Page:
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Solve Laplace equation on rectangle domain

  1. Apr 15, 2016 #1

    Dor

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    1. The problem statement, all variables and given/known data
    I'm having issues with a Laplace problem. actually, I have two different boundary problems which I dont know how to solve analytically.
    I couldn't find anything on this situations and if anybody could point me in the right direction it would be fantastic.
    It's just Laplace's equation on the square [0,a]x[0,b] with a mixed boundary.

    2. Relevant equations

    1. the first one is:

    Uxx+Uyy=0
    Ux(0,y)= 0
    Ux(a,y)= f(y) (some function)
    U(x,0)= 0
    Uy(x,b)= v (some constant)

    1. the second is:

    Uxx+Uyy=0
    Ux(0,y)= 0
    U(a,y)= g(y) (some function)
    U(x,0)= 0
    Uy(x,b)= v (some constant)

    3. The attempt at a solution

    I tried to do ordinary separable solution but I don't really know how to do this in such problems.
     
  2. jcsd
  3. Apr 15, 2016 #2
  4. Apr 16, 2016 #3

    Dor

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    I know the variable separation method.
    But I'm not sure how to do it when in one side of the rectangle there is a Dirichlet boundary U(x,b)=const and in the other one I have Neumann boundary Uy(x,0)=0
     
  5. Apr 16, 2016 #4

    pasmith

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    Homework Helper

    Laplace's equation is linear. You can always write the solution as a sum of solutions satisfying simpler boundary conditions. For example in the second problem you can set [itex]U = U_1 + U_2[/itex] where [itex]U_1[/itex] satisfies [tex]
    U_x(0,y) = 0 \\ U(a,y) = f(y) \\ U(x,0) = 0 \\ U_y(x,b) = 0 [/tex] and [itex]U_2 [/itex] satisfies [tex]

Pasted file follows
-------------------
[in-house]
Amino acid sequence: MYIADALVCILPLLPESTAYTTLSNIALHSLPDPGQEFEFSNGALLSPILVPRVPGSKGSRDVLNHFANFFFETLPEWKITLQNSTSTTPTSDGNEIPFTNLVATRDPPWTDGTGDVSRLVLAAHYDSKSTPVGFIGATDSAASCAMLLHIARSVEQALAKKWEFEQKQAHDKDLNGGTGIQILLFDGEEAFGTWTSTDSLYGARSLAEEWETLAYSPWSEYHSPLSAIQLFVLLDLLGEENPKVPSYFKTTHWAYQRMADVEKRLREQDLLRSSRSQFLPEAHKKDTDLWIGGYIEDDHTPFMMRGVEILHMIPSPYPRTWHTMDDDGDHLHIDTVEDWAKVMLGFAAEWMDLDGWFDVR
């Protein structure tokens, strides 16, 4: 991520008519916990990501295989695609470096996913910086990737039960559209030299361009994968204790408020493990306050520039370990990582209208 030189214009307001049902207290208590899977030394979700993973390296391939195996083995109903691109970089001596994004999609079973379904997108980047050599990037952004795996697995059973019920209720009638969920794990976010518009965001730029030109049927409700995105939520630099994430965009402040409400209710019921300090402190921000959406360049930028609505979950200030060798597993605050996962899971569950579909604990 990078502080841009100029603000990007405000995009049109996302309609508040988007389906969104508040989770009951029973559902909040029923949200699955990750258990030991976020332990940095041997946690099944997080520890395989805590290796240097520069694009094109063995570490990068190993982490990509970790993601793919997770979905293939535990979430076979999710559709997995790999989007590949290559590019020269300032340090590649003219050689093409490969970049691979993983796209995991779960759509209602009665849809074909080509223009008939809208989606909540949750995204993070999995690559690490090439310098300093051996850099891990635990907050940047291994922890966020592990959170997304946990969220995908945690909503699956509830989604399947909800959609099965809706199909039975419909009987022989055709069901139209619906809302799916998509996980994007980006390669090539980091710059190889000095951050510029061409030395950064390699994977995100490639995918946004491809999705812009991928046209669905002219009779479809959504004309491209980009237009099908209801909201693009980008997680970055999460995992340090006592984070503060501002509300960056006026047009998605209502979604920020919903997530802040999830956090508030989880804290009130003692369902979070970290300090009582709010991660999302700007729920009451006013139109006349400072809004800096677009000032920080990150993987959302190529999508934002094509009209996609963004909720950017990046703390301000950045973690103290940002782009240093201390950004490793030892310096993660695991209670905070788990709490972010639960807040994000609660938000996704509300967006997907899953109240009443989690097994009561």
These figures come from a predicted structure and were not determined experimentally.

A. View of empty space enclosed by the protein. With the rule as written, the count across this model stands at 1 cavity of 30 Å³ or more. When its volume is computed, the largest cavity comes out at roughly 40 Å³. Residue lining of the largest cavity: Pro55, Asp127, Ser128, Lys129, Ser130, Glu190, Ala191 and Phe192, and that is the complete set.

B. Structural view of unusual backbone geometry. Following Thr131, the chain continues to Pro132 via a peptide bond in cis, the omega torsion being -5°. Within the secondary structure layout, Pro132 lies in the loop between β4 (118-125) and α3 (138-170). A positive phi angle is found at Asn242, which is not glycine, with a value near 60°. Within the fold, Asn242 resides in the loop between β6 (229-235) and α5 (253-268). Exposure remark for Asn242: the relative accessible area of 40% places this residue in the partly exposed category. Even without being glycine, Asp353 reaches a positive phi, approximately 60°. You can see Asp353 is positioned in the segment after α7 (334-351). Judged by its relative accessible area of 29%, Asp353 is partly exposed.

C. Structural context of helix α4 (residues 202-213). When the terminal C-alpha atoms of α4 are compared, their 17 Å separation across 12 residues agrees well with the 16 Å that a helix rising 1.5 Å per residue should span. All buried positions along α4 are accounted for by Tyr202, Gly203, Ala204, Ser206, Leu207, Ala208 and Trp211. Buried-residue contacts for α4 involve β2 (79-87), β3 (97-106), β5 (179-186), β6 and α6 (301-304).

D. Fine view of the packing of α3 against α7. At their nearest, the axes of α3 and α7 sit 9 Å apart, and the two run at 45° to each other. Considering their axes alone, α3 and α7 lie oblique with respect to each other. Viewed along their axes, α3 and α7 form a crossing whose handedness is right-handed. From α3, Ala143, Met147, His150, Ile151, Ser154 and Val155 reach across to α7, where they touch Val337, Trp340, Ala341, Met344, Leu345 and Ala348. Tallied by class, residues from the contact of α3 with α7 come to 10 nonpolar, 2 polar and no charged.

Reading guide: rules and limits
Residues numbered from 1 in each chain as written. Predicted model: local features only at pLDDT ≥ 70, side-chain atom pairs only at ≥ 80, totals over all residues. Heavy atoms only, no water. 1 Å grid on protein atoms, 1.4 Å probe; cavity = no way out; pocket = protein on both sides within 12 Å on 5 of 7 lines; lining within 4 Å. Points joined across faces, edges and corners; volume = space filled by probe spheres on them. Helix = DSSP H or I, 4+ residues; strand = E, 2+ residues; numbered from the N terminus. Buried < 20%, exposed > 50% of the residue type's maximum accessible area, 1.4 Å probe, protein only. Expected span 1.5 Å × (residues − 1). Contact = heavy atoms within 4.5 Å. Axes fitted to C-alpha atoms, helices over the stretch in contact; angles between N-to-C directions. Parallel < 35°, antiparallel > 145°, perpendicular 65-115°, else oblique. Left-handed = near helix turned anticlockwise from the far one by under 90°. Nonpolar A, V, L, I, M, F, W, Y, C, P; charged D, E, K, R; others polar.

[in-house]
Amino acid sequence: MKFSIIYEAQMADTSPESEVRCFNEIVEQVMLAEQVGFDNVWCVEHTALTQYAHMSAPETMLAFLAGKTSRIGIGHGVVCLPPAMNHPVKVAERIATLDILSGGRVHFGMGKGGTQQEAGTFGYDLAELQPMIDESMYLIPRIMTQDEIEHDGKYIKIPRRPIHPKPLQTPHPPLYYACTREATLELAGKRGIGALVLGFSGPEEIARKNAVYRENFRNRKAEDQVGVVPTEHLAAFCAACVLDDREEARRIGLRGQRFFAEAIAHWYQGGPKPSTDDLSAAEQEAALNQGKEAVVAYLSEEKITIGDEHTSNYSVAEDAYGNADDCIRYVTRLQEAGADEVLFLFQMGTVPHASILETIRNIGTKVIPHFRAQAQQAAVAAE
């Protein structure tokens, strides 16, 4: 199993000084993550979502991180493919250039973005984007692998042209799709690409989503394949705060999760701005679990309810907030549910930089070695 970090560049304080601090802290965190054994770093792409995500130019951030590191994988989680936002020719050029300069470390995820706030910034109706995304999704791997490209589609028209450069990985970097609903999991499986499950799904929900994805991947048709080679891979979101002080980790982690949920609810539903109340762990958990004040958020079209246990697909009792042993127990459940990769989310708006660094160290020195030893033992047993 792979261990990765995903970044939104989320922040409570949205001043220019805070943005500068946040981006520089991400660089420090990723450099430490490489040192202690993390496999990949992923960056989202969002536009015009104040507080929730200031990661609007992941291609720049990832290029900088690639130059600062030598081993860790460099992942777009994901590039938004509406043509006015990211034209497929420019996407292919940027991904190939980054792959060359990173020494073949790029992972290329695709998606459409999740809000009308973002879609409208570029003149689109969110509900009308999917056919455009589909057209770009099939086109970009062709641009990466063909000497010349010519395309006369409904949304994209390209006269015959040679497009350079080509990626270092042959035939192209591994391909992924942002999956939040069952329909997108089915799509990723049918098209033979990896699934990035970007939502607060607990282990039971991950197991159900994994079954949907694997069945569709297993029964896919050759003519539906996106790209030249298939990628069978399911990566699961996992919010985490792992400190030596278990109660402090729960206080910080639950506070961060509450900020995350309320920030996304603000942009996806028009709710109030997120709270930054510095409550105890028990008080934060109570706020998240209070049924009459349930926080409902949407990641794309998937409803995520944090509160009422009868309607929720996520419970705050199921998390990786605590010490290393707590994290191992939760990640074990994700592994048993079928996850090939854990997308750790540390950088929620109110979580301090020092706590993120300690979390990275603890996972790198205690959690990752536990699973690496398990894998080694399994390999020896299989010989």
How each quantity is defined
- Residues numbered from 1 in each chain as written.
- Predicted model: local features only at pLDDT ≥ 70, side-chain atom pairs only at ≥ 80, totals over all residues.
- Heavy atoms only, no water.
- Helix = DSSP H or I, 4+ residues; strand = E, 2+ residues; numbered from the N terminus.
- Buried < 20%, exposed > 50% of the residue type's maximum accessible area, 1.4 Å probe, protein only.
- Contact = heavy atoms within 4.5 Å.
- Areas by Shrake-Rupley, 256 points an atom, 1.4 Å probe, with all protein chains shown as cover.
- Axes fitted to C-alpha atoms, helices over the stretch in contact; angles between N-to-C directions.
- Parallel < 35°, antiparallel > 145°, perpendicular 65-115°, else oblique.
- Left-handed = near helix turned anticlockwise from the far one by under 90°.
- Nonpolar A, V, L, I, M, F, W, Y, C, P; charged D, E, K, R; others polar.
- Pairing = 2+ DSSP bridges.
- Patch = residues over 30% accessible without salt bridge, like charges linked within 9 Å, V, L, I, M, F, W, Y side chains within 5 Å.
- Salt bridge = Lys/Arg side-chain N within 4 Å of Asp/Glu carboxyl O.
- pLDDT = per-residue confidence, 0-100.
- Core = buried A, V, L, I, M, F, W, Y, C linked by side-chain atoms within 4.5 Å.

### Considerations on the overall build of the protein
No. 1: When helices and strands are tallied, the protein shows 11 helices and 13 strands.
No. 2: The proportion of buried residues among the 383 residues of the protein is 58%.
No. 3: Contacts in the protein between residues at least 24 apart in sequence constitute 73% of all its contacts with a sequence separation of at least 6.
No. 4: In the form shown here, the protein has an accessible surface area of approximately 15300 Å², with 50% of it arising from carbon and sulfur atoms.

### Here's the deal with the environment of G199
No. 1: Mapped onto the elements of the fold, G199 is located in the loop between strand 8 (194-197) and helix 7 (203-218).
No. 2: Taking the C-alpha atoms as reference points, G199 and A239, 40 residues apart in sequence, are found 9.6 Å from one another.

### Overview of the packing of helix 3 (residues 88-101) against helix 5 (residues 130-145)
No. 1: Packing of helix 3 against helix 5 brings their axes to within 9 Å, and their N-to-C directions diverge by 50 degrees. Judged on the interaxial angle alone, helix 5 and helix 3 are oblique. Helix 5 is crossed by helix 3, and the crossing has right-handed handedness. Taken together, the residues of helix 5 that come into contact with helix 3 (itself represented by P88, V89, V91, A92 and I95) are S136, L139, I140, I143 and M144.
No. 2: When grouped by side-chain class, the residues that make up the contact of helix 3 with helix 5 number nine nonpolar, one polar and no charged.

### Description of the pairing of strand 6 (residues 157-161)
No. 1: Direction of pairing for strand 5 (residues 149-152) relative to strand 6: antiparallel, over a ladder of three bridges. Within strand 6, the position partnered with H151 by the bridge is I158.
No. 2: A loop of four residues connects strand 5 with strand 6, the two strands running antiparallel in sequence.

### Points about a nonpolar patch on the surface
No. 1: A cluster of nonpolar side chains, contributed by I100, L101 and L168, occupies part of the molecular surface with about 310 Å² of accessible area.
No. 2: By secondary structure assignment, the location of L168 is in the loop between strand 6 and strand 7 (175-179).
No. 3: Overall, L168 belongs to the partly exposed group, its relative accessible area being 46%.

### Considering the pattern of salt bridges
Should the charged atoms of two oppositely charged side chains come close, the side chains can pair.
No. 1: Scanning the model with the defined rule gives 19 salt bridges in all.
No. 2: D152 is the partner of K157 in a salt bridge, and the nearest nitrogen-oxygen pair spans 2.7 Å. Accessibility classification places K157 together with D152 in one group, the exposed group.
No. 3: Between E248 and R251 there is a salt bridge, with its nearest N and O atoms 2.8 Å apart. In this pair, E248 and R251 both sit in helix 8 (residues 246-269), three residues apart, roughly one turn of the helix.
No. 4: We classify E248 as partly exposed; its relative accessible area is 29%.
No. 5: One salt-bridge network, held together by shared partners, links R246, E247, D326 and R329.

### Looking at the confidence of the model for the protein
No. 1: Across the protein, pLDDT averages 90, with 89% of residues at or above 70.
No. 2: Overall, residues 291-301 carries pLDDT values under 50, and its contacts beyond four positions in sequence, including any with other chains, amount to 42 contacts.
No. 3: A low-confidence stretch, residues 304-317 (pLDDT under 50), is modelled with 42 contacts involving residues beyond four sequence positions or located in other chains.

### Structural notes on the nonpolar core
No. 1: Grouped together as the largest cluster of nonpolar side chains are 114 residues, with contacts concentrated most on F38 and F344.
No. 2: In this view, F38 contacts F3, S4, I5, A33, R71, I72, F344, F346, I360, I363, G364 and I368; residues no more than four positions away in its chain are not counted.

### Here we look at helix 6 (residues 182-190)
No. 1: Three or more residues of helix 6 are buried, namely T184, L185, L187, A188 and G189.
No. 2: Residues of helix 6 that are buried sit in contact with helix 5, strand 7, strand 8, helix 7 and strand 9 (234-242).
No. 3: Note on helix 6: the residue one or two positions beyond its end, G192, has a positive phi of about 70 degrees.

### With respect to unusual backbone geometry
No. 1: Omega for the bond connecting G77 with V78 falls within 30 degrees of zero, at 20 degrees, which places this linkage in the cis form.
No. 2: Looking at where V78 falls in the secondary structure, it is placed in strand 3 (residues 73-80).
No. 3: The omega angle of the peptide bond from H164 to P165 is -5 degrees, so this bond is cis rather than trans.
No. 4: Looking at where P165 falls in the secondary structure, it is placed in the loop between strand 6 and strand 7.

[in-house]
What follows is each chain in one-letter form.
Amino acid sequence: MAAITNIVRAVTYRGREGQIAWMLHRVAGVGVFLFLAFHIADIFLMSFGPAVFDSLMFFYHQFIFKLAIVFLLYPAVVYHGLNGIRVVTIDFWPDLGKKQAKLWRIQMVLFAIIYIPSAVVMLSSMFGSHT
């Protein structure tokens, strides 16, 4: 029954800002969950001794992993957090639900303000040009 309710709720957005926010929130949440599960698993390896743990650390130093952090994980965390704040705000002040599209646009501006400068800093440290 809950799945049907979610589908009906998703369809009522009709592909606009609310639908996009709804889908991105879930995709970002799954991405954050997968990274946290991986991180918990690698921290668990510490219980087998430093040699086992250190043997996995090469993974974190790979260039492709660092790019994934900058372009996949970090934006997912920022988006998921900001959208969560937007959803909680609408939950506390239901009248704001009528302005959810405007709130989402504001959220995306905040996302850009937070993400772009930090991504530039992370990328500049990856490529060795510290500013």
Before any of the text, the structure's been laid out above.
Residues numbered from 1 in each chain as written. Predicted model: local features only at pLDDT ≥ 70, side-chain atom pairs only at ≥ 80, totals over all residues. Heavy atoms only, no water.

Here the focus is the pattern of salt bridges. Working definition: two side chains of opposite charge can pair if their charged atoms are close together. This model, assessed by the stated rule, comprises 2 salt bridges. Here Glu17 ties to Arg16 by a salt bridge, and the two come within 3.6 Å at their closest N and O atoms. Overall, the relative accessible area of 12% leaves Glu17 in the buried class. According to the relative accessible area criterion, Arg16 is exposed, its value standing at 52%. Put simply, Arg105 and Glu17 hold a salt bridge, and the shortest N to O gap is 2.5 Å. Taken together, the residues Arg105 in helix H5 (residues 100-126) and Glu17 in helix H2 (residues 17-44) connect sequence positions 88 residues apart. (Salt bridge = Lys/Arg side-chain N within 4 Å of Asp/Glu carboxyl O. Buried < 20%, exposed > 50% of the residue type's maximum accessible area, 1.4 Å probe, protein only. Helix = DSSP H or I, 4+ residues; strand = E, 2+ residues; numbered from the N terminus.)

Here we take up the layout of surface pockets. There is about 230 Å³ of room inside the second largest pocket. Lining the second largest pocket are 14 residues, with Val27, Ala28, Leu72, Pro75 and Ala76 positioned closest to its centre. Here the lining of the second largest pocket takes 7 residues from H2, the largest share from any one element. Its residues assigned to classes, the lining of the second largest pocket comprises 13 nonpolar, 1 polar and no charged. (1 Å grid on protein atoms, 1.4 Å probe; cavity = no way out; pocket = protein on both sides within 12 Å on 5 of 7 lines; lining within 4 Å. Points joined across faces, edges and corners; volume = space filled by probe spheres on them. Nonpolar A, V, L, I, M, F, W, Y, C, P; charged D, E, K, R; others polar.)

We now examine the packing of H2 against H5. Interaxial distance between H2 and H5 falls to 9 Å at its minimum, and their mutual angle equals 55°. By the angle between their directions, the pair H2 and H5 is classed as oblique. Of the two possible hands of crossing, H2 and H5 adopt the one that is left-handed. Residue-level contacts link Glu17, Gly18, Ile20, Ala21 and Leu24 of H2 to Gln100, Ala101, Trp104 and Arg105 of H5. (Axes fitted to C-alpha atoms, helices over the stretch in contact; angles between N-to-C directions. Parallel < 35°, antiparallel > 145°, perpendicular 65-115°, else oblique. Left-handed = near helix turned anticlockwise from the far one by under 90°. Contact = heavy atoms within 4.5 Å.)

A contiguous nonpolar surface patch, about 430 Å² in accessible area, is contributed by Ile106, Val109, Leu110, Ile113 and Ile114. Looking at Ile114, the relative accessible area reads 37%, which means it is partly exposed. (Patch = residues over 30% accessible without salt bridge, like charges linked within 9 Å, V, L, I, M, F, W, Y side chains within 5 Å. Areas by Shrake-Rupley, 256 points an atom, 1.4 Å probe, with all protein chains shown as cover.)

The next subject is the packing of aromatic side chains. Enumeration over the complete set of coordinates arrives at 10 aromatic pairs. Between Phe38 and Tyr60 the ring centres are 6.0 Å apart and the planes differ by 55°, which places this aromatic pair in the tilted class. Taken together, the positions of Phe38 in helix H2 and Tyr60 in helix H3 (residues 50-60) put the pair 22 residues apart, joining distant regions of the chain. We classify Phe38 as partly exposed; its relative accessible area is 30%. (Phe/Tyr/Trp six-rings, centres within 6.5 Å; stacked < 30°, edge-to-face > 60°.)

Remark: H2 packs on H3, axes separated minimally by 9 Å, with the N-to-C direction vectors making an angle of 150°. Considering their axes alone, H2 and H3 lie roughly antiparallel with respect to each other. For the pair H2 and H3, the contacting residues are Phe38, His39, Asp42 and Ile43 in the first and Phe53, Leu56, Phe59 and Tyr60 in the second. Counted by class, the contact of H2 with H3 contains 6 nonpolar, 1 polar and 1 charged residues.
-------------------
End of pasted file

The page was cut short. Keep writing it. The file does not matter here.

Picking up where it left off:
U_x(0,y) = 0 \\ U(a,y) = 0 \\ U(x,0) = 0 \\ U_y(x,b) = v[/tex]
     
  6. Apr 17, 2016 #5

    Dor

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    I'm not sure how to solve it when I have one side with Dirichlet boundary and the other side with Neumann boundary.
    U ( x , 0 ) = 0
    U y ( x , b ) = 0
    or
    U ( x , 0 ) = 0
    U y ( x , b ) = v
     
  7. Apr 17, 2016 #6

    pasmith

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    Homework Helper

    We're looking for [itex]U = \sum_n X_n(x)Y_n(y)[/itex]

    For [itex]U(x,0) = U_y(x,b) = 0[/itex] you need [itex]Y_n(0) = 0[/itex] and [itex]Y_n'(b) = 0[/itex]. Therefore set [itex]Y_n(y) = \sin k_ny[/itex] so [itex]Y_n(0) = 0[/itex] is satisfied and [itex]k_n[/itex] is determined by [itex]Y_n'(b) = k_n\cos k_nb = 0[/itex].

    For [itex]U(x,0) = 0[/itex] and [itex]U_y(x,b) = v[/itex], you should regard [itex]v[/itex] as a function of [itex]x[/itex] to be expanded as a fourier series; accordingly [itex]Y_n[/itex] will be an exponential function with [itex]Y_n(0) = 0[/itex] and (for convenience) [itex]Y_n'(b) = 1[/itex]. The combination of exponentials which satisfies these is [itex]Y_n(y) = \sinh(k_ny)/\sinh(k_nb)[/itex] where [itex]k_n[/itex] is determined by the boundary conditions on [itex]X_n[/itex].
     
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